Katey Sagal Hollywood Walk of Fame
Michael Lewis for Variety

Some things are just meant to be. “I’ve been walking on those stars my whole life,” says L.A. native Katey Sagal of the famous Hollywood Walk of Fame. Now, to celebrate her 40-plus year career in the business, the actress is getting a star of her own — an honor she calls “humbling.”

“It makes me think of my family, it makes me think of my father,” she says. “What I do is what I was raised around, so there’s something familial about that.” Sagal’s father, Boris, was a TV and film director who gave her a start in the business, along with her SAG card — even though she insisted she had no interest in becoming an actor. “But maybe that’s because I was a very dramatic child,” she jokes.

Back then, she only wanted to play music, and that’s how she made her living. But then she was spotted by some casting agents, and landed a role on a sitcom. “That job led to more jobs, and before I knew it, I was on ‘Married With Children,’” she recalls. “I always look at it as I had some natural ability, but I learned on the job. I’ve trained along the way. It’s taken me a while. But I feel like now, I’m an actor.”

She’s quick to credit some famous teachers she had along the way. “The first sitcom I did was with Mary Tyler Moore, and I didn’t even know how to hit my mark,” says Sagal. “She moved my body around to where I was supposed to be. And I learned a lot from Ed (O’Neill, “Married With Children”). He knew how to be funny in a real way. He didn’t play for the jokes.”

While Sagal has built an impressively long, diverse resume of film and TV roles, she’s created two indelible television characters: Peg Bundy on “Married With Children,” which ran for 11 seasons on Fox, and Gemma Teller Morrow on “Sons of Anarchy,” which wraps after seven seasons this fall on FX.

Playing those women for such long stretches offered some life lessons for Sagal. “I think Peg Bundy was pretty badass — she was kind of irreverent,” she says. “And Gemma is certainly someone who doesn’t mince words and speaks her mind, too.”

Both characters also share a love of family, something they have in common with the woman who portrays them. “I meet a lot of younger actors who are waiting to get their lives started until their careers take off,” she says. “I don’t know that that’s the smartest move. I was really fortunate that I was able to work and have a family. The main lesson I try to maintain is my work is not my life. My work is a piece of it.”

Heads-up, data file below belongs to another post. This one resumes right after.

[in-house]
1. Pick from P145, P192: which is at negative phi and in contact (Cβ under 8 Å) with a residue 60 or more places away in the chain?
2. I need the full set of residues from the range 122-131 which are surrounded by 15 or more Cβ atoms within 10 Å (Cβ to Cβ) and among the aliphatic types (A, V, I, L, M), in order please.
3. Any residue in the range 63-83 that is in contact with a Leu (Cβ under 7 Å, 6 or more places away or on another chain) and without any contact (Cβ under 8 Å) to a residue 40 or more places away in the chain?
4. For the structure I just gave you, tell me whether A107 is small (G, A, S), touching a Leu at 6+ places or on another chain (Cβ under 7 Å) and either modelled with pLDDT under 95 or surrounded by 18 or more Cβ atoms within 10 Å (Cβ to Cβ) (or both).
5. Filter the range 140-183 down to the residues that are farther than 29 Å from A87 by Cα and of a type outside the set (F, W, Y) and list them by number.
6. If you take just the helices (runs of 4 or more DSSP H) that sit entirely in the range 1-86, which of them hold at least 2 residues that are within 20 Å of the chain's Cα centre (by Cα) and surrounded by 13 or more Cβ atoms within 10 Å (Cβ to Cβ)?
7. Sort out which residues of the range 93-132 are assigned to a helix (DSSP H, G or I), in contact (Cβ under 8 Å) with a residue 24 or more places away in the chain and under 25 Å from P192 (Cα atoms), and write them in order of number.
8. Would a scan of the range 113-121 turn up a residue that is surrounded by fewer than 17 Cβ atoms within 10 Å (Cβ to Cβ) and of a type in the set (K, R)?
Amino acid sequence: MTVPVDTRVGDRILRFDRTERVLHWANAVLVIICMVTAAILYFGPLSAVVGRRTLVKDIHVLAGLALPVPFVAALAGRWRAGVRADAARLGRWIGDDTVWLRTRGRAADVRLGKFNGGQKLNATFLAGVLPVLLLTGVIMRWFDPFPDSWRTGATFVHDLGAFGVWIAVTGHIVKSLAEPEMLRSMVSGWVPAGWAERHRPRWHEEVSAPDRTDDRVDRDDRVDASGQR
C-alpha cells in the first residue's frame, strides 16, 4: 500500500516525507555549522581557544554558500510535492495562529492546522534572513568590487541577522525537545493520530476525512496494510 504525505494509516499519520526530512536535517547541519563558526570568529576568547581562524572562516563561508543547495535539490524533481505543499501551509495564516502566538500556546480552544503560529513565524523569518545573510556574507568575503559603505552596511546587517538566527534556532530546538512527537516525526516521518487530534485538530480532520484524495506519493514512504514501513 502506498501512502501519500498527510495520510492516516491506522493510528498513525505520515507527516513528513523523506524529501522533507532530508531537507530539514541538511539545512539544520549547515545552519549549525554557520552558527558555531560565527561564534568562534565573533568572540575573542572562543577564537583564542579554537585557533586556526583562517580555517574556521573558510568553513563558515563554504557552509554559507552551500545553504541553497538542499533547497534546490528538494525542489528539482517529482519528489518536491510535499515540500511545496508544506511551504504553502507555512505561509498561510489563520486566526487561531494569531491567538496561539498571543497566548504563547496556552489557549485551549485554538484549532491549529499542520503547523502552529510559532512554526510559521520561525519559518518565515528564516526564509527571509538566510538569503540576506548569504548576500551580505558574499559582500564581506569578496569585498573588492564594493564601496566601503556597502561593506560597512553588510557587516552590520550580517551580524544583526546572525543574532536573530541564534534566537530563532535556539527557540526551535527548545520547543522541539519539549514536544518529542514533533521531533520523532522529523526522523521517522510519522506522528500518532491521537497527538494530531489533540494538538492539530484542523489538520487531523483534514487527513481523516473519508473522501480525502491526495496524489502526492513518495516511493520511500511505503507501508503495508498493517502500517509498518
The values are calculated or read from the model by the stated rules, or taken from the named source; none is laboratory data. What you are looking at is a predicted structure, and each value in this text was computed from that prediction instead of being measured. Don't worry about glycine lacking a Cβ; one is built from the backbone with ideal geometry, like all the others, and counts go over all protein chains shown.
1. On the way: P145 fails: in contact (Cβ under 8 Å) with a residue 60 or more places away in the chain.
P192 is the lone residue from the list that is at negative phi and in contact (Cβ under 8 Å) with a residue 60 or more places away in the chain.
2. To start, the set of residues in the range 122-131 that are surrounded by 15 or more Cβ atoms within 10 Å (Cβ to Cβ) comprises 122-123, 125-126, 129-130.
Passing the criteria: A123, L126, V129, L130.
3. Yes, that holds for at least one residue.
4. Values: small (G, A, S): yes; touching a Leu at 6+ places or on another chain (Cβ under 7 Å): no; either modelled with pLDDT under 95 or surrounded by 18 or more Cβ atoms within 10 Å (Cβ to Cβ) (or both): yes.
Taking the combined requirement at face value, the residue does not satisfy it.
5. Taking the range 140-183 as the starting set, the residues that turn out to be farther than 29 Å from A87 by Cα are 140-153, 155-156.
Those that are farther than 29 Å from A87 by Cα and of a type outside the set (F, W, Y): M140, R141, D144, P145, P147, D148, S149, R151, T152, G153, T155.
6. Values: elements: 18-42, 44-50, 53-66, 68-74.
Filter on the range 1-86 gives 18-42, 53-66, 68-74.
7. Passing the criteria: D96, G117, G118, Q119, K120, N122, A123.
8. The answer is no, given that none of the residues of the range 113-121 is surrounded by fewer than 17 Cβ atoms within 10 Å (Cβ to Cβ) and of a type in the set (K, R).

At her side has been her husband of 10 years, Kurt Sutter, “Sons of Anarchy’s” showrunner and executive producer. “I love him as my husband, but I just really love him as an artist, as a writer,” she says. “We’ve had our moments of indulging ourselves too much in the ‘Sons’ talk at home. But we’ve been pretty well balanced with it all.” As “Sons” prepares for its finale, Sagal is torn about saying goodbye to yet another iconic role.

“As a character, it will make sense to me that we’ve told that story. As a world, it will make sense to me that you can’t go on indefinitely telling stories about it,” she says. “But this is the second time with me with one that’s really hit it. It will be hard. I know how rare that is.”

Next on her docket is a movie called “Bleed for This” with Miles Teller and Aaron Eckhart, as well as voicing the narrator for NBC’s romantic comedy “A to Z.” (That voice is very familiar to fans of “Futurama,” where she played Leela on the animated comedy.) She’s also talking to Sutter about his next TV project, “The Bastard Executioner.” And she’s still singing and writing music. “At this point, I’m finally not super-paranoid every time a job ends,” she says. “The fact that I’ve been able to sustain a career for this many years is not lost on me.”

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